guardian ad litem present their evidence at the hearing,
and the court decides the issues.
Most parents prefer not to have the court make decisions
about their children. Going to court is costly and
time-consuming for both of you and takes an emotional
toll on the whole family. Parental conflict is harmful to
children. Alternatives to the court process that may assist
you in reaching agreements include hiring a mediator
and/or hiring a lawyer. Collaborative practice is a popular
process to resolve issues. Information on using the collaborative
process in divorce cases and lists including lawyers
and child and family specialists are available at www.collabdivorce.com.
Custody & Placement
What are my rights to information
about my children?
All parents have a right to their children’s school, medical,
and dental records. The only exception is if the court
denies a parent any visitation or physical placement with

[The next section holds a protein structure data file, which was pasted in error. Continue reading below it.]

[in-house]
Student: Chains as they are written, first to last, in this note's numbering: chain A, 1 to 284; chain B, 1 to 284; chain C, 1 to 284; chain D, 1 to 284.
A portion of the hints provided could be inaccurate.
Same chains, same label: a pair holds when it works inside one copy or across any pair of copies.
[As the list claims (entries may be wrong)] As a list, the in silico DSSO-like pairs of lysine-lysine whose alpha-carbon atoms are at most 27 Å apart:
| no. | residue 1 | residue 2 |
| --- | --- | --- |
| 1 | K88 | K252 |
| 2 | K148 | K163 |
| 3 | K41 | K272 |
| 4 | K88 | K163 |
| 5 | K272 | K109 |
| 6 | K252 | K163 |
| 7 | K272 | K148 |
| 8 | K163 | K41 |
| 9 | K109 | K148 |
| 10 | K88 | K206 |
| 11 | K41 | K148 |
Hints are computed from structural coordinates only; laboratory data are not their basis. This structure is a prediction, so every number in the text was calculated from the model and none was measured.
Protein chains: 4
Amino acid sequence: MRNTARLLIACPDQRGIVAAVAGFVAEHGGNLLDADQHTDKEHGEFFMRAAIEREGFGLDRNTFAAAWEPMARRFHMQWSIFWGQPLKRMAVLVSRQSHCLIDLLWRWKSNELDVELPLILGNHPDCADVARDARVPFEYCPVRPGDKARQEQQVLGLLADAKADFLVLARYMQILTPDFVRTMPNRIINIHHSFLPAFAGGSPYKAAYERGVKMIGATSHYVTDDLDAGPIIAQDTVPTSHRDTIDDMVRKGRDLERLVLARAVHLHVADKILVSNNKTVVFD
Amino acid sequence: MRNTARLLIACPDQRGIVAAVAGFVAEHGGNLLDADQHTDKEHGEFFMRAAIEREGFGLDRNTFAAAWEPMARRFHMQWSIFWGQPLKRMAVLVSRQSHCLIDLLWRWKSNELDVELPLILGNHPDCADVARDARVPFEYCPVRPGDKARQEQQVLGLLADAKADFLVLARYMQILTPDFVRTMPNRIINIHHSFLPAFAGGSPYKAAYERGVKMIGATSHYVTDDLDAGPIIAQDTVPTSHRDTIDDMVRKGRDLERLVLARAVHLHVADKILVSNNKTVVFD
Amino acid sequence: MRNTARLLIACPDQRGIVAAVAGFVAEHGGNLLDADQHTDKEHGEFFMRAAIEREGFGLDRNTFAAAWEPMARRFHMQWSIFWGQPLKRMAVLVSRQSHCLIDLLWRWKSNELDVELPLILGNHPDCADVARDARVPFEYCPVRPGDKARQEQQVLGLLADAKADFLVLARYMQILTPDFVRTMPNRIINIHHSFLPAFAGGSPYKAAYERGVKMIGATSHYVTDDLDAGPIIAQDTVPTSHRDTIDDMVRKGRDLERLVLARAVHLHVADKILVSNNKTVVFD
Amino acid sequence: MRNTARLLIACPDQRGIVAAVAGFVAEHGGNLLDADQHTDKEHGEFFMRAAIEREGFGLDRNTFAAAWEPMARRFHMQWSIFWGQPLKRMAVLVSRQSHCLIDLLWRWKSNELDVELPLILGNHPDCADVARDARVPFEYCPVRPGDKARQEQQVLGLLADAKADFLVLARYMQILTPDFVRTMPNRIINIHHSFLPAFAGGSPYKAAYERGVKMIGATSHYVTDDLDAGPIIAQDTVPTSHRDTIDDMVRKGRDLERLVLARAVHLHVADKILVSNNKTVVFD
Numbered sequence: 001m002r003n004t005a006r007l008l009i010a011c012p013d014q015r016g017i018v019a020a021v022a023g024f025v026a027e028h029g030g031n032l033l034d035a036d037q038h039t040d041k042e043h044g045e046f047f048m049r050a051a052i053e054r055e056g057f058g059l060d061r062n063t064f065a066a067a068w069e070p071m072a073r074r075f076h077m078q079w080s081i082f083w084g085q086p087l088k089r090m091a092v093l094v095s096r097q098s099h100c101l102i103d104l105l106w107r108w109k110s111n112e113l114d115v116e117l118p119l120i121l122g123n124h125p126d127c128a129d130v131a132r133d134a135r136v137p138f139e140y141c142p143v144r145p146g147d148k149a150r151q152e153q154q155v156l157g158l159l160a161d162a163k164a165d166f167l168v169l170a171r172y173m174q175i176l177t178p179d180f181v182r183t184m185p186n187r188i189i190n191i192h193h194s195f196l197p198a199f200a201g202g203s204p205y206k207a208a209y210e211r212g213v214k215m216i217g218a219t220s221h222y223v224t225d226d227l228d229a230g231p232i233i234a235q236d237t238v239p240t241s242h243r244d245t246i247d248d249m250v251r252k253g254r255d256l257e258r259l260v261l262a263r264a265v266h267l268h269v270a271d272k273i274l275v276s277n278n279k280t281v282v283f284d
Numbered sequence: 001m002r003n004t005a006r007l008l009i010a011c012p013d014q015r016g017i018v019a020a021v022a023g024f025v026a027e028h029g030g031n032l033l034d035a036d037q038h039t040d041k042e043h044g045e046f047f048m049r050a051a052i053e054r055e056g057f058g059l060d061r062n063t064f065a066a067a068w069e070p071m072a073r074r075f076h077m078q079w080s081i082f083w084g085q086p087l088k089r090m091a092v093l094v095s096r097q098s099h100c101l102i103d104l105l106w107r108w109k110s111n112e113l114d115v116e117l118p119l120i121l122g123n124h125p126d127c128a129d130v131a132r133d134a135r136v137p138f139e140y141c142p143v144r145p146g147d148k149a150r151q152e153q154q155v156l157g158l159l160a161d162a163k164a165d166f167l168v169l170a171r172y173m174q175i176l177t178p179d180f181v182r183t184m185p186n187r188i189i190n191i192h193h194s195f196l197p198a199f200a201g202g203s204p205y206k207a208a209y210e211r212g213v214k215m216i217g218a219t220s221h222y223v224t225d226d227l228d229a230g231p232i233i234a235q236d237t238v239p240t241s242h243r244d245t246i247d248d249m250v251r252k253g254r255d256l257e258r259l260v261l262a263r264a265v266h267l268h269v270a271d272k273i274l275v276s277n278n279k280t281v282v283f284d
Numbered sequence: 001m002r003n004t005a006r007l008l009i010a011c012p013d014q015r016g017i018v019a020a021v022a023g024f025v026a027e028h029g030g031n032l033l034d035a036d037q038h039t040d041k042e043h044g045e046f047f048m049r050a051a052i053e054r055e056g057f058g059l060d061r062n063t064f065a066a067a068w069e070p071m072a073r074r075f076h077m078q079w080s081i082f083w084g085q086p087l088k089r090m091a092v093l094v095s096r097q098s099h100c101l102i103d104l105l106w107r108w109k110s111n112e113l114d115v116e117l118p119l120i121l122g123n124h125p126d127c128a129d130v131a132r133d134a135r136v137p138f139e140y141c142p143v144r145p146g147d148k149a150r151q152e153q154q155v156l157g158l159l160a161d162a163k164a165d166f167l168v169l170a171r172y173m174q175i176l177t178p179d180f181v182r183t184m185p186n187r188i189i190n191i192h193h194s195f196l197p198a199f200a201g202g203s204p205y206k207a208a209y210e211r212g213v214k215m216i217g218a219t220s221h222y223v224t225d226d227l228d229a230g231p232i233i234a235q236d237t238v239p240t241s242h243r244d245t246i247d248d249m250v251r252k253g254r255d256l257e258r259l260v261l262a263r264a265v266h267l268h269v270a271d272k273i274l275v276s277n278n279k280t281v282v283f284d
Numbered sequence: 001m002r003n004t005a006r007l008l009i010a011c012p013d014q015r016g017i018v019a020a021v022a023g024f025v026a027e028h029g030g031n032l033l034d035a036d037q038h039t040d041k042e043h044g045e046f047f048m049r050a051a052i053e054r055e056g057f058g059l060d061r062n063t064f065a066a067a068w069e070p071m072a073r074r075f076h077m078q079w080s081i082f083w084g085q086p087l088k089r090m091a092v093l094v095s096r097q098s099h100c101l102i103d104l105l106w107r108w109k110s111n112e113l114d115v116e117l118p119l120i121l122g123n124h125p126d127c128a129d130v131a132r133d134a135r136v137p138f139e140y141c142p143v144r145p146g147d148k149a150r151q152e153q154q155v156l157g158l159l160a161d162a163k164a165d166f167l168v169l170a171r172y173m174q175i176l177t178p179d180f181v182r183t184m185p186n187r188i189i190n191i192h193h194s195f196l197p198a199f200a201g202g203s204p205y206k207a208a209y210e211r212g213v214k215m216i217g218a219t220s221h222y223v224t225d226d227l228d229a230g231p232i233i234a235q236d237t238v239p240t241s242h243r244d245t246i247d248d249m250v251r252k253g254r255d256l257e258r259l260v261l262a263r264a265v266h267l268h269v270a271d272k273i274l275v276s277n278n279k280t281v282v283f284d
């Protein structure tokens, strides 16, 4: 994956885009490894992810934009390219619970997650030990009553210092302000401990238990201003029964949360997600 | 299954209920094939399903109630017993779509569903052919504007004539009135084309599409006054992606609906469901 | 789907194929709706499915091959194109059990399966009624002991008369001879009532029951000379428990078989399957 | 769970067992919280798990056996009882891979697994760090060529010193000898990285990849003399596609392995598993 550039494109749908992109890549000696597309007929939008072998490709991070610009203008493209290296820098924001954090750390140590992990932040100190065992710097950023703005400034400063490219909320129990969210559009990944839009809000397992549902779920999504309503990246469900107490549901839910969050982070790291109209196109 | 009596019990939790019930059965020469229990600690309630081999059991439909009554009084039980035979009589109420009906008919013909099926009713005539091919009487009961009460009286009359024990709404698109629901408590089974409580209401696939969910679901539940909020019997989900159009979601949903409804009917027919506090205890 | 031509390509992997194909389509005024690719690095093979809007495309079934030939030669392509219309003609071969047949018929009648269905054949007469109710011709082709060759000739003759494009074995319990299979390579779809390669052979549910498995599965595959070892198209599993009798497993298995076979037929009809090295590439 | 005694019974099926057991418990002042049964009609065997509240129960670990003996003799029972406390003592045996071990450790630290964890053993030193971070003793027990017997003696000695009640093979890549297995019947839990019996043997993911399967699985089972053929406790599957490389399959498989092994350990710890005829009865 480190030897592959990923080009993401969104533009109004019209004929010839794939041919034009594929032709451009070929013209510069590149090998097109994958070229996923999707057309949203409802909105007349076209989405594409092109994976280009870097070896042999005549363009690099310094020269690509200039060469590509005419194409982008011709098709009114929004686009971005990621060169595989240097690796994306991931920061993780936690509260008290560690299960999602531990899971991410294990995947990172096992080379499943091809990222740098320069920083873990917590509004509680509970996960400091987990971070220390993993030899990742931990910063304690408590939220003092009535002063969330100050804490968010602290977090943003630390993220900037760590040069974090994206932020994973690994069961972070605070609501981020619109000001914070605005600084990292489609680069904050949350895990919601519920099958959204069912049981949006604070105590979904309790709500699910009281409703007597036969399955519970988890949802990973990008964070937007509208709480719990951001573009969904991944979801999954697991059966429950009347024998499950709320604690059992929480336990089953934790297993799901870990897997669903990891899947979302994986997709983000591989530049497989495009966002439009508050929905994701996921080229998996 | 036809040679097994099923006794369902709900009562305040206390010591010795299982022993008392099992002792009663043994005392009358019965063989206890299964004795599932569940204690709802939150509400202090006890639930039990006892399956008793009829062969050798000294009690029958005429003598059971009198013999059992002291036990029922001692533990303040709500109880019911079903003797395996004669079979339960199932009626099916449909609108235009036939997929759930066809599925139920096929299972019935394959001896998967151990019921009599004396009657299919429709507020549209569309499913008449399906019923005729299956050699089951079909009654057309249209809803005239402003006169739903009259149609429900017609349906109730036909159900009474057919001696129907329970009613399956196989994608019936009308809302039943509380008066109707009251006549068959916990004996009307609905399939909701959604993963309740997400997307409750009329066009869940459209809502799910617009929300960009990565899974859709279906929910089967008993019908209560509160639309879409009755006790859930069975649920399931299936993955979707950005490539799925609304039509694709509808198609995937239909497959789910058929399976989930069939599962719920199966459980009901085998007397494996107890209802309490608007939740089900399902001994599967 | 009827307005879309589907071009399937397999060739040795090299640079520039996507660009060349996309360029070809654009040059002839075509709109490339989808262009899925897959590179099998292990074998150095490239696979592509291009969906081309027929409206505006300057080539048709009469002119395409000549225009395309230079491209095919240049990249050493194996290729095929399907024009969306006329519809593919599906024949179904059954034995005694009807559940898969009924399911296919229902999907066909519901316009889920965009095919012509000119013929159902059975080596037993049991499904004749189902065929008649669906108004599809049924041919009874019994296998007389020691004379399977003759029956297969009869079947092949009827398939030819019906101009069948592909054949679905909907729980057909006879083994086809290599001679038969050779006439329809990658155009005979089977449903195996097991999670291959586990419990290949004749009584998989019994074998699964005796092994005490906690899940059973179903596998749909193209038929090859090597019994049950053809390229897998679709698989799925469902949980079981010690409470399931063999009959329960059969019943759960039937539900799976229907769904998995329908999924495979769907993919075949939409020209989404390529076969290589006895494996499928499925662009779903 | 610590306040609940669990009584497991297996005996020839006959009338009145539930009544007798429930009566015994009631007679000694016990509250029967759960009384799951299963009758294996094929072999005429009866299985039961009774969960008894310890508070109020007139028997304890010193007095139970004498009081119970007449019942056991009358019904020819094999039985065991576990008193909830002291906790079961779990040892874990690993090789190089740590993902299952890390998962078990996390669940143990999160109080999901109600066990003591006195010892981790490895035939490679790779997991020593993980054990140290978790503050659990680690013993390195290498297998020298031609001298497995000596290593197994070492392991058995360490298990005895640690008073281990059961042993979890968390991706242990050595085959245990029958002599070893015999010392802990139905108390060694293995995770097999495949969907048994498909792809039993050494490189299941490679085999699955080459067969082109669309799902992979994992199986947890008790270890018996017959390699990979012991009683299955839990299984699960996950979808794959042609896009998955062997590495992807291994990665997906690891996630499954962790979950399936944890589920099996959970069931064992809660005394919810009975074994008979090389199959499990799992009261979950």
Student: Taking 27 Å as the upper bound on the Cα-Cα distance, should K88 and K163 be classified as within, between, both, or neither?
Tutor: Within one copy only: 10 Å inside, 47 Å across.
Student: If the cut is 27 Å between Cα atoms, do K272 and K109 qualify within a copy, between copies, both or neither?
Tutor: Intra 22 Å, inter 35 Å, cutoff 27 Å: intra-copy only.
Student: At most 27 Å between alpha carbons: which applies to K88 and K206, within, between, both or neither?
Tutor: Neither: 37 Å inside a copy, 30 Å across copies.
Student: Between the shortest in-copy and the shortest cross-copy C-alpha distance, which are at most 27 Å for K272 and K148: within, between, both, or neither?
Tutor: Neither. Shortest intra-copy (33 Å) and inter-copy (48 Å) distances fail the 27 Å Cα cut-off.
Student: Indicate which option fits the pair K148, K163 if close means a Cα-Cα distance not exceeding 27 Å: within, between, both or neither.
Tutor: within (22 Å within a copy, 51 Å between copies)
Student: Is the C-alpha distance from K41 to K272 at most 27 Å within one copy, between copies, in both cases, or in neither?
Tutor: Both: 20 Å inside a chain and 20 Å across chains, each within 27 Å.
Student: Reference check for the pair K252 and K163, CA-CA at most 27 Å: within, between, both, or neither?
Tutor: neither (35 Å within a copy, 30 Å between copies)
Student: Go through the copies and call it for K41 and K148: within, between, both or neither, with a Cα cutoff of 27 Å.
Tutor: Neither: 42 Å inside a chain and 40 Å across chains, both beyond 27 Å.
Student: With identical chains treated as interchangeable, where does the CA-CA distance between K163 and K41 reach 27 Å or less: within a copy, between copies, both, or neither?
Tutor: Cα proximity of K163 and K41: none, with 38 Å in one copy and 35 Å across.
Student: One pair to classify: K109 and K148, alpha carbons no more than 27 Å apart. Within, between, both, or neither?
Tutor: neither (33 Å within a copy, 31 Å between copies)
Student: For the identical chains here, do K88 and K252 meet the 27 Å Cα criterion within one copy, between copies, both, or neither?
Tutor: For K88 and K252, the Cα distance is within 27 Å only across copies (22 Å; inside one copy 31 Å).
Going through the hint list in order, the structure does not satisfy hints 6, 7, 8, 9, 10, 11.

You may contact the school or health care provider
directly to get school, medical, and dental records (including
report cards, notices of parent/teacher conferences,
health notices, prescription information, and so on).
Wisconsin statute 767.41(7) requires schools and health
care professionals to give you this information. You may
want to provide a self-addressed, stamped envelope to
make it easier for the school or clinic to send you copies of
records. You may need to pay a fee for copies.
What happens if the other parent
won’t let me see our children?
First, check your court order. Does it state specific times
the children are to be with you? If it does, you may want
to remind the other parent of this order and give the other
parent a copy of the order.
If the order states no specific placement times, you
may want to ask the court to change the order. The court
could add specific times and thus clarify your right to see
If the other parent still won’t let you have the children
during your placement times, you may ask the court for